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Second Wind Paperback – 7 Sep 2000


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Product details

  • Paperback: 200 pages
  • Publisher: Pan Books; New edition edition (8 Sept. 2000)
  • Language: English
  • ISBN-10: 0330391933
  • ISBN-13: 978-0330391931
  • Product Dimensions: 11.5 x 1.7 x 18 cm
  • Average Customer Review: 3.1 out of 5 stars  See all reviews (43 customer reviews)
  • Amazon Bestsellers Rank: 269,884 in Books (See Top 100 in Books)

More About the Author

Dick Francis has written forty-two novels, a volume of short stories (Field of 13), his autobiography (The Sport of Queens) and the biography of Lester Piggott. He is rightly acclaimed as one of the greatest thriller writers in the world.

Product Description

Amazon Review

Dick Francis's legion of admirers can relax: his year off from writing is over and a new vigour has entered his style. Longtime readers will be happy to find the customary racetrack skulduggery, galvanised by some fascinating new elements. The very opening of Second Wind signals something new, with Francis's protagonist fighting for his life in a Caribbean storm at sea: "But now, as near dead as dammit, I tumbled like a rag-doll piece of flotsam in towering gale-driven seas that sucked unimaginable tons of water from the deeps …"

In flashback, we are catapulted into the world of meteorologist Perry Stuart who agrees to fly through the eye of storm on Trox Island, a blighted place steeped in guano and harbouring a nasty secret. When the reader encounters details of the racing world in Francis's earlier thrillers, it had the satisfying ring of authenticity. The same is true in Second Wind, as Stuart's character was developed with the help of BBC weatherman John Kettley. Although a new venue for Francis, he still has the knack of quickening the readers' pulse with a few carefully chosen words: "Despair was too strong a word for it. Perhaps despondency was better. When they came for me, they came with guns." --Barry Forshaw --This text refers to an out of print or unavailable edition of this title.

About the Author

Dick Francis has written thirty-seven international bestsellers and is widely acclaimed as one of the world's finest thriller writers, having first been a champion National Hunt jockey. His awards include the Crime Writers' Association's Gold Dagger for the best novel and the Cartier Diamond Dagger for his outstanding contribution to the crime genre. The Mystery Writers of America have given him three Edgar Allan Poe awards for the best novel of the year - the latest for Come to Grief - and in 1996 made him a Grand Master for a lifetime's achievement. --This text refers to the Hardcover edition.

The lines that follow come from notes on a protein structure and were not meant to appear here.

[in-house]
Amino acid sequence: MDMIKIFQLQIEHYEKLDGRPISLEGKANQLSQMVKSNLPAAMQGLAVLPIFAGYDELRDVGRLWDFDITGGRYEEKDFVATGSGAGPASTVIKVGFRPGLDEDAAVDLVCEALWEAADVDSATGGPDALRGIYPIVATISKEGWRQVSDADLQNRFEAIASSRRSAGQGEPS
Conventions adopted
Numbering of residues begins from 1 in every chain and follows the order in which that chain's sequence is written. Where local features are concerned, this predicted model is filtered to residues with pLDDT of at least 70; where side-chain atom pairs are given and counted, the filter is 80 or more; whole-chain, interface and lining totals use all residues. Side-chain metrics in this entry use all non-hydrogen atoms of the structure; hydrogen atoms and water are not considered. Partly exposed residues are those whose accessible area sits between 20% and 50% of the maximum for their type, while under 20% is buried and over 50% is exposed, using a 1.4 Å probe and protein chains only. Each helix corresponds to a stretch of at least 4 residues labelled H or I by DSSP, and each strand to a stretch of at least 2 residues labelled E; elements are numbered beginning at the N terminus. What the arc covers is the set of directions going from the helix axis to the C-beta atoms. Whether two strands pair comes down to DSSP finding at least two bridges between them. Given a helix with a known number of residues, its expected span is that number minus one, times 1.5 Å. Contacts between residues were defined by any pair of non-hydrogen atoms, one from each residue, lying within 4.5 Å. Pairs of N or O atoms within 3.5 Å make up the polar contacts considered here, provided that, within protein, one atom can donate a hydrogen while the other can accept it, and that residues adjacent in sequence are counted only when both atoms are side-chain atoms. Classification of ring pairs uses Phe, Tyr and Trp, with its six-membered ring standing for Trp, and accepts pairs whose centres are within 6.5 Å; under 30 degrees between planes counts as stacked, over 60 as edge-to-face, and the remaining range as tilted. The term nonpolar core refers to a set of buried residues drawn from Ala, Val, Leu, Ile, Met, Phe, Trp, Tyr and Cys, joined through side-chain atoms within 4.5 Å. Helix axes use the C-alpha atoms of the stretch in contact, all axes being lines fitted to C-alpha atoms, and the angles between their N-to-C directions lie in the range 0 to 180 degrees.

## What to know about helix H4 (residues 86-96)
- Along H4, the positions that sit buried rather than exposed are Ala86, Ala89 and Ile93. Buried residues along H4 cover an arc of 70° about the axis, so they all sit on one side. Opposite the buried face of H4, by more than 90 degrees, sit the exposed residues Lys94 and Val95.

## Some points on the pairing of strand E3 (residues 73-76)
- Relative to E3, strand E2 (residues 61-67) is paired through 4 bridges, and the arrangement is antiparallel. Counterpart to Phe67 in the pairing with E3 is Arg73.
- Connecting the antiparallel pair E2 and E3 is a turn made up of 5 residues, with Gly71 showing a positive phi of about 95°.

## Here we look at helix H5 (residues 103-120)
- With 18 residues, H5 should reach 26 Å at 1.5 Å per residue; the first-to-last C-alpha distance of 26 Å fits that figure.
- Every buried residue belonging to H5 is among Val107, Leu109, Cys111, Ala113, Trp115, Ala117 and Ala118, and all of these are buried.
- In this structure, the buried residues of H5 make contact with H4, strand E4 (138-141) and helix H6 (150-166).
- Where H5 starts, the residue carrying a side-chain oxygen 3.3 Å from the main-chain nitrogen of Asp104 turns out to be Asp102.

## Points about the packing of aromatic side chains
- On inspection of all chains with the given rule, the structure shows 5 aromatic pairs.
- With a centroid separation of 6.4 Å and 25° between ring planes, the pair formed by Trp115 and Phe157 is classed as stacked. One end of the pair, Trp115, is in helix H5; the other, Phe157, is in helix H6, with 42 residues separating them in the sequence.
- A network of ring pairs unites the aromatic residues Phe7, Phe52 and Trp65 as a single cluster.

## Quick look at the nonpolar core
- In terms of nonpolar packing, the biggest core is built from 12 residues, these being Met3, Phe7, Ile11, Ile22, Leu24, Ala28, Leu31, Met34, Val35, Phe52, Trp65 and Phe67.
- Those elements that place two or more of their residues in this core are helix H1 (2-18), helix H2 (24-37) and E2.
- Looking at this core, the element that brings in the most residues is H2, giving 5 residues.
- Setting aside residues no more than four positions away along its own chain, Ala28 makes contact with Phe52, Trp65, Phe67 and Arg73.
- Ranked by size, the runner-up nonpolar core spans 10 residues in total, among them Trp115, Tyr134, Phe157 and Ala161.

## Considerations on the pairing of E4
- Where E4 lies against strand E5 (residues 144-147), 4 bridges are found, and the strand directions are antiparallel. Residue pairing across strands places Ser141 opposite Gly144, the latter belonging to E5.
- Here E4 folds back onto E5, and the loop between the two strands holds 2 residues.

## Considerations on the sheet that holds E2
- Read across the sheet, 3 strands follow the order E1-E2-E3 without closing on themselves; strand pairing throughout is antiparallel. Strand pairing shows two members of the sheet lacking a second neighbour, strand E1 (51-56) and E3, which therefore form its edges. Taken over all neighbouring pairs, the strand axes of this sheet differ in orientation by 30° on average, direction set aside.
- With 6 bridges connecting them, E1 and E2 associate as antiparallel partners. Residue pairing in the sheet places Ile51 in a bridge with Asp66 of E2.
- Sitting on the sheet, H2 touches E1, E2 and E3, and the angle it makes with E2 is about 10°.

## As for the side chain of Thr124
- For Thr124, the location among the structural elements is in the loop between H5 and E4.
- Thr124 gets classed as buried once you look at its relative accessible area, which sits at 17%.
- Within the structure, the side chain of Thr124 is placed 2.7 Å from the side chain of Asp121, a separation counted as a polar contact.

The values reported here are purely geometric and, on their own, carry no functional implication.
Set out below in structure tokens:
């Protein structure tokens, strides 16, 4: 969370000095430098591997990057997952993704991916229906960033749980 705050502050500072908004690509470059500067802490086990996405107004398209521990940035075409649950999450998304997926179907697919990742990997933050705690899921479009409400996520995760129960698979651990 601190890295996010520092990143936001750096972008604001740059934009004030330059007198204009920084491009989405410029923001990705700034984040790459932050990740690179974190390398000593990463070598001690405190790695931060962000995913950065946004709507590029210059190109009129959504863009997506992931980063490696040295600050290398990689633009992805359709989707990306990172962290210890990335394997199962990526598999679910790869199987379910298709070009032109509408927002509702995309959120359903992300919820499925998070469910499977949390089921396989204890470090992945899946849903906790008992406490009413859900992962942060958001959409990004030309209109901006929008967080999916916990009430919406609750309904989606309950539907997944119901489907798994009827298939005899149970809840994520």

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Customer Reviews

3.1 out of 5 stars

Most Helpful Customer Reviews

3 of 3 people found the following review helpful By J. Chippindale TOP 500 REVIEWER on 23 Dec. 2007
Format: Hardcover
Dick Francis has written in excess 60 books, many if not all of them international best sellers. Many short stories, his autobiography and the biography of arguably the greatest jockey that ever lived, Lester Piggott. Dick Francis himself was of course the Queen's jockey. So there is not much, if anything he does not know about horse racing, the background to virtually all of his novels

The one thread that always runs through the books of Dick Francis is meticulous research. The odds are that you will learn something new every time you read one of his novels. For those interested in horse racing, which to be honest I am not, they must be manna from heaven. But it is definitely not essential to be interested in the sport of kings.
As with all books and particularly with the number that Dick Francis has written, some appeal to the reader more than others but the author has always maintained an extremely high standard with his books and there is not reason to believe that this one is any different.

This book takes us into the realms of hurricanes, something we know little or nothing about in England. The enormous power that they generate is difficult to understand for someone who has never witnessed one. When Perry Stuart, a meteorologist goes on a hurricane chasing ride in the Caribbean, he learns about a great deal more than the speed of the wind.
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3 of 3 people found the following review helpful By "antoniah" on 21 Oct. 2000
Format: Paperback